Surely the most impressive-looking speaker of this group, the Elac FS 189 is a five-driver three-and-a-half-way sporting three 175mm bass drivers, a 140mm midrange unit and Elac’s vaunted JET tweeter, whose pleated diaphragm identifies it as a development of Oskar Heil’s famous Air Motion Transformer.
The lower two bass drivers are rolled off at 180Hz, leaving the upper bass unit to crossover to the midrange driver at 500Hz and it to the tweeter at 2.8kHz.
Like the FS 247 Sapphire [HFN July ’11], reflex bass loading is accomplished via two ports, one located near the top of the back panel and the other in the cabinet base, where it vents to the outside via the gap between the cabinet and integral plinth. The upper port is supplied with a hard rubber bung that can be used to close it off if in-room bass output proves excessive.
Technically the Elac has a lot going for it. Sensitivity is high, which is never a bad thing provided that tonal balance and coloration levels don’t suffer – which they don’t in the FS 189. It has one of the more neutral tonal balances of the group aside from a slight upper midrange emphasis that can sometimes manifest itself as a touch of hardness, and a rising final octave that can be tamed simply by toeing the speakers out slightly so that their axes cross a little behind the listening seat rather than pointing straight at it.
A CERTAIN RETICENCE
It’s in subtler aspects of its sound quality, though, that this speaker’s real character lies – and where it fails, though not by much, to match the cheaper Platinum M4. It doesn’t deliver the expansive stereo soundstage – in depth or width – of the Dali, and it lacks the nth degree of resolution that characterises the Quadral and really puts you in touch with the performers and the music they’re making. Indeed, both these effects are probably manifestations of the same slightly reticent aspect of the Elac’s makeup. The result is that the FS 189, while unquestionably a good listen, is not quite a great one for the price. It didn’t convey the full extent of the cavernous acoustic of the Geneva hall in Scheherazade, nor did it quite deliver the little ‘scintillations’ – I don’t know how else to describe them – that make the Ravel truly live and breathe.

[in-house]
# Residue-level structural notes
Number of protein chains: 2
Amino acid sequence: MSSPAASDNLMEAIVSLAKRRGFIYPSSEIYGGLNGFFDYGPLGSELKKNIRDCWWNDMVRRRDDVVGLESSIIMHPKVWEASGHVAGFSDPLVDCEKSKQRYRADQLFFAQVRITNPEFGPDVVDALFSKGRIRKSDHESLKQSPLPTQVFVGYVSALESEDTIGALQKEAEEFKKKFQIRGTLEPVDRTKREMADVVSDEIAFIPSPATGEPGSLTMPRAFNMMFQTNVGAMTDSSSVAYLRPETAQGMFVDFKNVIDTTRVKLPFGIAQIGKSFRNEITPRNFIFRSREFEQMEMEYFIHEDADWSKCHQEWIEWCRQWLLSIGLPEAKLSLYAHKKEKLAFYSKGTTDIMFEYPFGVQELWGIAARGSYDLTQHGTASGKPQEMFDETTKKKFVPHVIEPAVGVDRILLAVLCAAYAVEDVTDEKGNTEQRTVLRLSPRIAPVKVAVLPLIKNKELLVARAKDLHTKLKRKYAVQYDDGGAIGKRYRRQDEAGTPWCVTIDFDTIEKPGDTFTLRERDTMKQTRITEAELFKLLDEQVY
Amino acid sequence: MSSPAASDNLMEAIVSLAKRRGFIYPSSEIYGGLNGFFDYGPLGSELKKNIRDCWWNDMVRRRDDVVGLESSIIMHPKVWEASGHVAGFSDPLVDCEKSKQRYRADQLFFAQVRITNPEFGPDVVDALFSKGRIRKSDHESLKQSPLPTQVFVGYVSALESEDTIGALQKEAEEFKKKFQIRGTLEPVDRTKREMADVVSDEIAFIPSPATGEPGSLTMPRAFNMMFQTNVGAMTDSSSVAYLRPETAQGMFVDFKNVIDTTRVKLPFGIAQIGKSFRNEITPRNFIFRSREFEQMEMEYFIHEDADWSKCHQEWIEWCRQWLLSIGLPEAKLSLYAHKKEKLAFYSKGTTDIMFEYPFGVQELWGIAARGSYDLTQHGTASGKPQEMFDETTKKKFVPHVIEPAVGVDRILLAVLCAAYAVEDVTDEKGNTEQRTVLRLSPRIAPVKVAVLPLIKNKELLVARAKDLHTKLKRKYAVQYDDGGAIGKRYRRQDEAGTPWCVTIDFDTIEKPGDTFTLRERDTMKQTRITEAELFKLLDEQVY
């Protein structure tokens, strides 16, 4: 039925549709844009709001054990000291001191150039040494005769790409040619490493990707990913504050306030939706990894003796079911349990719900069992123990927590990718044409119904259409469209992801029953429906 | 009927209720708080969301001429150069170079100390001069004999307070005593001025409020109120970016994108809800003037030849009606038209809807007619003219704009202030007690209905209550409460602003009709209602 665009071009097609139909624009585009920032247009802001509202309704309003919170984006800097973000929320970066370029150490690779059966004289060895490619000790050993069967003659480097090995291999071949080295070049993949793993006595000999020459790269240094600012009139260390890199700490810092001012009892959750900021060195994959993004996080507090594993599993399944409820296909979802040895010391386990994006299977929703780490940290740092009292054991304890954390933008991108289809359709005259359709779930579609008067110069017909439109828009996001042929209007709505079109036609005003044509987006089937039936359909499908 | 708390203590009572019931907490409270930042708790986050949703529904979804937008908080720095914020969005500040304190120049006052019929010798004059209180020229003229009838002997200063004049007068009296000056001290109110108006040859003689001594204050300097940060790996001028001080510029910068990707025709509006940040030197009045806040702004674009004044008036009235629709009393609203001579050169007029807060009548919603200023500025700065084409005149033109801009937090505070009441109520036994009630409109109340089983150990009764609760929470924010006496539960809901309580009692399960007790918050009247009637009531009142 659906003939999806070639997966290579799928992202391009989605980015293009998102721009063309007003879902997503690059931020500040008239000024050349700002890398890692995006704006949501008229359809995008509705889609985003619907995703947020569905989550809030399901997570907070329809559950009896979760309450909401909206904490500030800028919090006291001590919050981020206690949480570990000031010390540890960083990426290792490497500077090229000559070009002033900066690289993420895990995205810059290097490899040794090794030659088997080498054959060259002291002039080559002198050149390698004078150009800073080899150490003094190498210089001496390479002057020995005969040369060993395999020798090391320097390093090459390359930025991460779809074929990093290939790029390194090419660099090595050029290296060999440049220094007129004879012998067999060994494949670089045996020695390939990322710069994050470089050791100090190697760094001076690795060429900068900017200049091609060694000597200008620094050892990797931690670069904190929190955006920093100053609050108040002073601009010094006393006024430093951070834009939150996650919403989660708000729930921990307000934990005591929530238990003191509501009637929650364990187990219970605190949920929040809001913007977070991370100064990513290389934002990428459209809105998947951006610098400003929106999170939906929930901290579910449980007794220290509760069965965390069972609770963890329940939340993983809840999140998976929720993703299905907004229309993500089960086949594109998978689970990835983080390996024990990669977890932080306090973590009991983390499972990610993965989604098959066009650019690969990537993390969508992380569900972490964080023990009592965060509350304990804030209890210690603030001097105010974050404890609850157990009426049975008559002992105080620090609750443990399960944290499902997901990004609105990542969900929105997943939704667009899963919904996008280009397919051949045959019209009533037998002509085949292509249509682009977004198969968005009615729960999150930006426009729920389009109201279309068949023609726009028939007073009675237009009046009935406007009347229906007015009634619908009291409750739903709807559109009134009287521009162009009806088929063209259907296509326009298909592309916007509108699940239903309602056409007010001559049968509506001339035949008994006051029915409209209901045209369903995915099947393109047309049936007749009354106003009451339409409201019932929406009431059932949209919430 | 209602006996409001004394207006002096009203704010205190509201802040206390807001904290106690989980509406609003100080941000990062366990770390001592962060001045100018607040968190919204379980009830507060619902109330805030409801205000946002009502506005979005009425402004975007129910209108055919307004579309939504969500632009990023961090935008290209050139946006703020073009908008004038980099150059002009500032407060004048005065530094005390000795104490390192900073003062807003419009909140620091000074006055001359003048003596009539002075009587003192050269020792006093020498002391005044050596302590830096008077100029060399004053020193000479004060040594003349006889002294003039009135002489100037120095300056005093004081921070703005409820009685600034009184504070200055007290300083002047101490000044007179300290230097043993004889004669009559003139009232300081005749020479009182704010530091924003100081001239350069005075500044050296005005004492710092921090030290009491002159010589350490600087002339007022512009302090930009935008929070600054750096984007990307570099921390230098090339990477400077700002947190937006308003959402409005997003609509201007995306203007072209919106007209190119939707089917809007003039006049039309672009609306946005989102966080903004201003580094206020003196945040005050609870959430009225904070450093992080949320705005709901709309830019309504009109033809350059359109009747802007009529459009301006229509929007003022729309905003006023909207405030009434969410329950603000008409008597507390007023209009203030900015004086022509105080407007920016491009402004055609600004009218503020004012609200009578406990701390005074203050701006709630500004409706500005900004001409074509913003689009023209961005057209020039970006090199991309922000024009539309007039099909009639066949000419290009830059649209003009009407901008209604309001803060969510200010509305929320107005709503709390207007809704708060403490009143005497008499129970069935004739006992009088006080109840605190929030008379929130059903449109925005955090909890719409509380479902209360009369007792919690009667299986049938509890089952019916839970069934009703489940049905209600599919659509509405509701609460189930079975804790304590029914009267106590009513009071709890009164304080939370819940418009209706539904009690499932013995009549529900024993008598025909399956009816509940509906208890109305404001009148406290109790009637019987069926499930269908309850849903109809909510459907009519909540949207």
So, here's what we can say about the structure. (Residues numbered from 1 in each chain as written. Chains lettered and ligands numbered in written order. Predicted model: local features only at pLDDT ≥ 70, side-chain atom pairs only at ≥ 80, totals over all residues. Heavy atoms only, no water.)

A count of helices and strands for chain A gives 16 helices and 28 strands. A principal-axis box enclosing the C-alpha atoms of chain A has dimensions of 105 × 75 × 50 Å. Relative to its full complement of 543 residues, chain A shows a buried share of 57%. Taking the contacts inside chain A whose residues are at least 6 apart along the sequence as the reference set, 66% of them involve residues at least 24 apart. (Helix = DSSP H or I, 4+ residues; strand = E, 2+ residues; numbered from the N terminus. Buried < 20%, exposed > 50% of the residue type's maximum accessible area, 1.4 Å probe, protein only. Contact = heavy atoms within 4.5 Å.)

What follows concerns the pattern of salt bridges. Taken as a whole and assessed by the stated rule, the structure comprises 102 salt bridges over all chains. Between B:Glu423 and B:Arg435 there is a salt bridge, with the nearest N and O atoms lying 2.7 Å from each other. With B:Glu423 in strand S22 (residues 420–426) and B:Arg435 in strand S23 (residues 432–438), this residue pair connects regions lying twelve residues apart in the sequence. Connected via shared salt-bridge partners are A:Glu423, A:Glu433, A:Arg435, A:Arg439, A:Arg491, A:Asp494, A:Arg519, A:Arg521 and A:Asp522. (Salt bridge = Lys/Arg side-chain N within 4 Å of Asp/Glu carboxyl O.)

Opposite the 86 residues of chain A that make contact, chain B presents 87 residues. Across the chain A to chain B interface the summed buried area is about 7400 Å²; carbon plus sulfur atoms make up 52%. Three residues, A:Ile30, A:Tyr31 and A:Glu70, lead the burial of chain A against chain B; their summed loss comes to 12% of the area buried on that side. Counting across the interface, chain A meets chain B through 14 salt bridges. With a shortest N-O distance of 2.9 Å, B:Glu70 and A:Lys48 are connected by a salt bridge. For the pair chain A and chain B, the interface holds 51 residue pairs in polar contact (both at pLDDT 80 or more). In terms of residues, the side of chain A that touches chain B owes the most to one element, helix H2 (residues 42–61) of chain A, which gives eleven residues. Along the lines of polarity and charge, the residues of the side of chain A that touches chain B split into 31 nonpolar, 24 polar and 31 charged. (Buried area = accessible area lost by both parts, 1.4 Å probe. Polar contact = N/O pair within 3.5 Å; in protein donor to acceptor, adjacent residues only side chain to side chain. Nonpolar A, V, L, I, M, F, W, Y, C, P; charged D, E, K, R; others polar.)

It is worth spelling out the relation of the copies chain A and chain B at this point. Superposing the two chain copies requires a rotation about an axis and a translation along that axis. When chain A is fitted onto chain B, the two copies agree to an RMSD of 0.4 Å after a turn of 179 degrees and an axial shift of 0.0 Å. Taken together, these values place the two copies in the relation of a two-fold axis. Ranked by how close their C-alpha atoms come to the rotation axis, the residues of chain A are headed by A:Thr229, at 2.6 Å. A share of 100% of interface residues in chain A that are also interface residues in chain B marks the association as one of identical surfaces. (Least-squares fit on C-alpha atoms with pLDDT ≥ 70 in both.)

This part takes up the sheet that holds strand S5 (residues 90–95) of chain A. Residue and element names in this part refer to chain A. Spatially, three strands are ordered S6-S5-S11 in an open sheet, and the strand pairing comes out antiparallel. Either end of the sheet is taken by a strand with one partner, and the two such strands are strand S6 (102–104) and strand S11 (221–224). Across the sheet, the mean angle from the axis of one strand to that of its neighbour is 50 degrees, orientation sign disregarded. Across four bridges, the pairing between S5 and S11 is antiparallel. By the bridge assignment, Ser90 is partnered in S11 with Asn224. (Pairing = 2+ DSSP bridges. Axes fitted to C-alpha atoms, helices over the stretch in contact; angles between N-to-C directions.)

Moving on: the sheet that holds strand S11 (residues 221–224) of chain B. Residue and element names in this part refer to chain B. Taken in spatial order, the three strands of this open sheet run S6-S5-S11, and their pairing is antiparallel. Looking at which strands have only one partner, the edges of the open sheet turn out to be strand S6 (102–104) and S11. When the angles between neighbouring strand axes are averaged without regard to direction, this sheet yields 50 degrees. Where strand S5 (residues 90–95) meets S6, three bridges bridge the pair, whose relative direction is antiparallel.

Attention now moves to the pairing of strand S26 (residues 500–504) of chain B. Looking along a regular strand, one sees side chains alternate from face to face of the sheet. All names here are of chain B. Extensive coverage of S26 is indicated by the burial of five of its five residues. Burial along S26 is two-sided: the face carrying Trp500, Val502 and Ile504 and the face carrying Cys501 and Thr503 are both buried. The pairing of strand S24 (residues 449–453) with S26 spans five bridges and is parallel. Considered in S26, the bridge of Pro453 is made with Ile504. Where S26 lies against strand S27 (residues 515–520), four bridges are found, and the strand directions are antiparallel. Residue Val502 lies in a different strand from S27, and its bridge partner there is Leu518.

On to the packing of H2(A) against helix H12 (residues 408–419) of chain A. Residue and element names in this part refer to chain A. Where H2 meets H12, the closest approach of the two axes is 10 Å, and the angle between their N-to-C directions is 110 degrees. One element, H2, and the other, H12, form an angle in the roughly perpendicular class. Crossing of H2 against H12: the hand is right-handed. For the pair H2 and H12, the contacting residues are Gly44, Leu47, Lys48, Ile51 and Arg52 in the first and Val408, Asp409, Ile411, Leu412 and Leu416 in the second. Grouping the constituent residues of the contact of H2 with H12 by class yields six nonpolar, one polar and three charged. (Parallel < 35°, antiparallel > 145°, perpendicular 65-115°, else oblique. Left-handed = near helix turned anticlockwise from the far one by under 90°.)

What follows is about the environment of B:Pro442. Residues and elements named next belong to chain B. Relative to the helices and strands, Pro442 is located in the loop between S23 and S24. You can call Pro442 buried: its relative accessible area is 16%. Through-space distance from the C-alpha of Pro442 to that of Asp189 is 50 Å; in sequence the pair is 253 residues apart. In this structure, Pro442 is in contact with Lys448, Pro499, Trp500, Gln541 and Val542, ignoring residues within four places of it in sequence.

‘Poetspeak’ only reinforced these impressions: the FS 189 didn’t match the imaging specificity of the Quadral, nor did it do the important little things quite as convincingly, like clarify the sounds of the piano pedal mechanism – small details that have a disproportionate effect on the music’s verisimilitude.
Things were closer between the two German rivals on ‘Honky Tonk Women’ but the Quadral just shaded the comparison because of its more adroit rhythmical ability, and on ‘Well Well Well’ it was a similar story: the Elac’s rhythm stick tapped away a little less metronomically.
Originally published in the December 2011 issue
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